Qantas has been pumping nitrogen from a nitrogen cart (typically used to refill aircraft tyres) into emergency oxygen tanks (used for crew in an emergency). Nitrogen and oxygen tanks have different fittings for exactly this reason – so that the gases can’t be muddled even if there is a labelling error. Instead of noting that the attachments were wrong and considering that there may have been a labelling error, Qantas staff removed the correct nitrogen fittings and replaced them with oxygen-cart fittings from the old cart. This went unnoticed for ten months until the goof was spotted by an engineer.
No harm done, but that’s by pure luck, not good management. Failsafes are there for a reason, people.
Pukurlpatulatju Palyara Pirrtja by Anna Porter
Thriving in the Desert is a blog about the Warakurna Community Art Centre, part of the Western Desert Mob of aboriginal owned and governed art centres. This post, “What makes a good Aboriginal artwork?” touched me.
What makes a good Aboriginal artwork? It is a question that raises more complex questions than easy answers.
Perhaps we need to approach the question in a different way?
The man I already knew asked me “can this man paint here too”. It struck me as a kind of funny question as we had made it clear that the Art Centre was for everybody. “Sure” I said and got the old man a smallish canvas and paint to get him started. I noticed the old man had a rather severe speech impediment and spoke little English. I was later to find out that he had suffered a few minor strokes. He was a shy man but he had asked me if he was allowed to take the canvas home. It wasn’t the usual practice but I said OK. When the old man had left the studio some of the women started giggling. “Mad one, rama rama, that one” they said. “Oh” I said, I really wasn’t sure what to say or think.
About four days later the man returned with his canvas, he was pretty shy about showing it.
The man started coming to the art centre everyday, even showing up at my house very early in the morning and demanding I open the art centre before 7am. “Lazy one” he used to call me if I wasn’t open by 7.30 on hot summer mornings. After a while it became very obvious that this very fragile man who suffers from some serious mental health and physical problems was a huge talent.
The man is now a regular at the Art Centre and is usually the first artist to show up in the morning and is often the last one to leave at close up time. He and I have occasional tiffs about him taking a rest and going home for lunch breaks. Sometimes he teases me and says, “You’re working me too hard”.
One day the community Doctor came to visit the Art Centre. He said, “You know that old man? This Art Centre saved his life”. He said the old man had been deeply depressed and because of his health problems had been excluded from cultural events such as men’s business. Painting had given the man a renewed purpose.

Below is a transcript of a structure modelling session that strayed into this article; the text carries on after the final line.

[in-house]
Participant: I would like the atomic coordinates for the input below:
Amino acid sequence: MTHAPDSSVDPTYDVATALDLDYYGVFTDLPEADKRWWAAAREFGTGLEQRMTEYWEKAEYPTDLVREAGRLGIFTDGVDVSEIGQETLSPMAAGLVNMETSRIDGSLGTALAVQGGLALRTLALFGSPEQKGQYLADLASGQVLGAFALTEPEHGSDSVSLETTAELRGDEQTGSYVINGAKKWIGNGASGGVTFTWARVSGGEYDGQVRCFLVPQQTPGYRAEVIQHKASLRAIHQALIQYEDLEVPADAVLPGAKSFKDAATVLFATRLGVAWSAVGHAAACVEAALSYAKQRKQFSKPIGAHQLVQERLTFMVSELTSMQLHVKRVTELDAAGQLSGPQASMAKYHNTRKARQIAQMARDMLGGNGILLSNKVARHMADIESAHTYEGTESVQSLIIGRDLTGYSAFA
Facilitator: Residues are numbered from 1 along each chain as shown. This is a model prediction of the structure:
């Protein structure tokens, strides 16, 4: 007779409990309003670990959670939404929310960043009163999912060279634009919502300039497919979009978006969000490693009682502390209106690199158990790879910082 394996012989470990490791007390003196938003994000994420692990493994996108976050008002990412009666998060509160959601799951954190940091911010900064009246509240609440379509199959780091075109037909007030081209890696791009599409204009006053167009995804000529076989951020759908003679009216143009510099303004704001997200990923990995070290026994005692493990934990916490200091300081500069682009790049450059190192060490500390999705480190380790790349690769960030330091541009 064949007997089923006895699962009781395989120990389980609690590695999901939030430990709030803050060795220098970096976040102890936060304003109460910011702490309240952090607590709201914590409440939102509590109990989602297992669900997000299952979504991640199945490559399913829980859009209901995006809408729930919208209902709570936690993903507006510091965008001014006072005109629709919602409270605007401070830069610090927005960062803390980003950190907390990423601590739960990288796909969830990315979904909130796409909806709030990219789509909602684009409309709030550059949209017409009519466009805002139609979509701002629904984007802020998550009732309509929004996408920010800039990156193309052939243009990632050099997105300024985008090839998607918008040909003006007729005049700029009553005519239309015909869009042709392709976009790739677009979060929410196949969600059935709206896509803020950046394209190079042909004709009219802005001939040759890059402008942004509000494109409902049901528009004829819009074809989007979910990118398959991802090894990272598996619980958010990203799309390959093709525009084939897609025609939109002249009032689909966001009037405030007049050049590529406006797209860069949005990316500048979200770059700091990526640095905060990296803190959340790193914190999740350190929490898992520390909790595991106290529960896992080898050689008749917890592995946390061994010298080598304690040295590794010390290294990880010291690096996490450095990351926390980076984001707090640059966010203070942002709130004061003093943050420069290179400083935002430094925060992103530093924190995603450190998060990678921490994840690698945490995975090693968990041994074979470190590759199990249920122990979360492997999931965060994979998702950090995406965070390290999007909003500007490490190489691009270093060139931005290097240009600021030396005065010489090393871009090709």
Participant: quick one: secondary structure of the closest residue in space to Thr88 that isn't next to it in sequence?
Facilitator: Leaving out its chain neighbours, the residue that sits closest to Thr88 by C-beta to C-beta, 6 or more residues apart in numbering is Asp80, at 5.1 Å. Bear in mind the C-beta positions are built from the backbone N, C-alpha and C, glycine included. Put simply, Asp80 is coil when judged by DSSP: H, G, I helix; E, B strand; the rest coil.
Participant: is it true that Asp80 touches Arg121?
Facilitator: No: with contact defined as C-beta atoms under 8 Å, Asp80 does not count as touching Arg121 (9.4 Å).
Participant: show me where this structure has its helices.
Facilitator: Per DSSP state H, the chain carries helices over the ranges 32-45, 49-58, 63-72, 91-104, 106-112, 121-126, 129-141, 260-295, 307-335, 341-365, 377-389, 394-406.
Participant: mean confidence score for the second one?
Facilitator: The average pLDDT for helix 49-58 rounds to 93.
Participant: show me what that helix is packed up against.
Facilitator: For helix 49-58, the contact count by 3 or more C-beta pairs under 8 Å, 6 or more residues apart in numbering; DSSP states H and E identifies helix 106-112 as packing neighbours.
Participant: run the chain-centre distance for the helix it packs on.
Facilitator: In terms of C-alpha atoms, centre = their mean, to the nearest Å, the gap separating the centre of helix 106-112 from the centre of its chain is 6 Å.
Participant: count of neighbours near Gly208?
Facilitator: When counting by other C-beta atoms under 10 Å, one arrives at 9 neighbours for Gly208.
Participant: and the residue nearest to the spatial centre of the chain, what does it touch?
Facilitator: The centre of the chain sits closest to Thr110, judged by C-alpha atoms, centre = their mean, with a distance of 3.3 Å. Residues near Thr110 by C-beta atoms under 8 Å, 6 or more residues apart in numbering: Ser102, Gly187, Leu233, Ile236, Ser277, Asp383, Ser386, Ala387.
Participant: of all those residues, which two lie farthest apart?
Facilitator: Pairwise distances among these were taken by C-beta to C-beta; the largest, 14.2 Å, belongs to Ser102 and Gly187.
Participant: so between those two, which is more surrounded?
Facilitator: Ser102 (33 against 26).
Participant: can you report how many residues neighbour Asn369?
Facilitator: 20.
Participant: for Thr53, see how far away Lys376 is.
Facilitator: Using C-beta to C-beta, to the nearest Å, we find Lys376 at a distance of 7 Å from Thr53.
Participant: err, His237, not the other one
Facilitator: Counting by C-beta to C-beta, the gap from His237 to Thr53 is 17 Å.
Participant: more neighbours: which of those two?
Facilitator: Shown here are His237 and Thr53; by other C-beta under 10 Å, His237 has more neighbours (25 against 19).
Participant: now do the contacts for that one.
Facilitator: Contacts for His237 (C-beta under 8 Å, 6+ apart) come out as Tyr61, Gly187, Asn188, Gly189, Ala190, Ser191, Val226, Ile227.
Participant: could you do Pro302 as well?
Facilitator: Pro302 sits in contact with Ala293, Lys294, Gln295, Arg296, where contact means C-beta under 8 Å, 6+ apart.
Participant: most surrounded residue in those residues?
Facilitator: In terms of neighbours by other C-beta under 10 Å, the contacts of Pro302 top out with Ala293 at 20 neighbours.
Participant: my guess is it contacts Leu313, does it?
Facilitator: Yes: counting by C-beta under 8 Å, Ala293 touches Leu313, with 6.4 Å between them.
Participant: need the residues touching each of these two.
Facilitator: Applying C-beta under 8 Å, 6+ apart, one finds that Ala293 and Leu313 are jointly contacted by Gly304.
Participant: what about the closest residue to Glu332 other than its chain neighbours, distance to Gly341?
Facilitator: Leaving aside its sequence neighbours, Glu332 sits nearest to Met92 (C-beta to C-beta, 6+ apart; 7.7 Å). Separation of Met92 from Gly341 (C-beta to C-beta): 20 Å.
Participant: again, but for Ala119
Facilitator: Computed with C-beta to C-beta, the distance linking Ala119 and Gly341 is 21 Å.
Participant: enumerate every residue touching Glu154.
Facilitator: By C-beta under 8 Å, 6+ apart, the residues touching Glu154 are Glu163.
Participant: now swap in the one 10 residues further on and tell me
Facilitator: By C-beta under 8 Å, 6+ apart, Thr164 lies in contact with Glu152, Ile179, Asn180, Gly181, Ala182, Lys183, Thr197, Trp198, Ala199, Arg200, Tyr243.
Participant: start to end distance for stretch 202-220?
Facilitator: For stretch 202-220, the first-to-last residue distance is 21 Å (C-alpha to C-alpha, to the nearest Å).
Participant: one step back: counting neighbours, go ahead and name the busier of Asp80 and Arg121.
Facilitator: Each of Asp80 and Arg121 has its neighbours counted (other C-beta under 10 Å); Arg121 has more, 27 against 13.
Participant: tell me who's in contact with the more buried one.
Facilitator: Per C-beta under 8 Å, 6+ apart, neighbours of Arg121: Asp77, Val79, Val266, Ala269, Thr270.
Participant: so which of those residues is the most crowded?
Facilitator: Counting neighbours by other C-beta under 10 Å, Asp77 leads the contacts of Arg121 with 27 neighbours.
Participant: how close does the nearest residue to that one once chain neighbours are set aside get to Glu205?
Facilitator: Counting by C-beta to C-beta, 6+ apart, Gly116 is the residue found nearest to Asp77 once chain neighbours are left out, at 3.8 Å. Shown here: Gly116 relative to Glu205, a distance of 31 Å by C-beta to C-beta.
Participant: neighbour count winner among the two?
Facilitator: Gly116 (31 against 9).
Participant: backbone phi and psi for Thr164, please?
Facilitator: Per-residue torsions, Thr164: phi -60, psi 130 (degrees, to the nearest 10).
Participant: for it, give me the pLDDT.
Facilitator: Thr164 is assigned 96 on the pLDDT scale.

After a while the old man was able to afford to fix his car and buy a rifle from his painting money. Most evenings and weekends he visits his country to check rockholes and to go hunting. He also regularly visits family living in other communities and once again he attends men’s business. He is once again respected in the community.
The man tells me that Warakurna Artists is his place, his Art Centre. This is the way it should be.
Lastly, via Australian Policy Online: “2007 federal election – provisional voting rejection rates”, authored by Peter Brent of ANU, who is a PhD candidate studying the history of electoral administration and working with the Democratic Audit of Australia. The direct PDF download for the provisional votes paper is here. Excerpt:
A funny thing happened to provisional votes at the 24 November election. It may have cost the ALP several seats. Or it may have prevented them from taking several seats they shouldn’t have. Or perhaps 70—100 000 people who couldn’t be bothered keeping their enrolment details up to date simply got what they deserved. It’s in the eye of the beholder.
That is, the acceptance rate of provisional votes fell from 50 per cent in 2004 to 14 per cent in 2007. Why? The Howard government made several changes to the electoral law in the last few years, two of which would largely account for this huge drop.
Does all of this matter? From the point of view of the disenfranchised elector it does, although some argue that if you can’t be bothered keeping your AEC details up to date you have no-one to blame but yourself. There is also the fact that provisional voters are disproportionately left of centre. For example, the total national vote at the 2004 election split, after preferences, about 53 to 47 in the Coalition’s favour. But provisional votes split about 53 to 47 to the ALP. Last month, the nation voted about 53 to 47 in Labor’s favour. Can we assume the “missing” provisional votes would have swung by the same amount, and so gone 59 to 41 in Labor’s favour? If we do assume that, then they would have added about 0.1 per cent to Labor’s national vote, and given them a few more seats. Or maybe they wouldn’t have swung by that much, and probably at least some of the “missing” provisionals should not have been counted anyway. But even a conservative treatment of them delivers Labor the ultra-marginal McEwen and Bowman. Electoral law is not black and white. The tension is between integrity of the roll and people’s right to vote. Throw in partisan considerations—from both sides—and it’s a heady mix.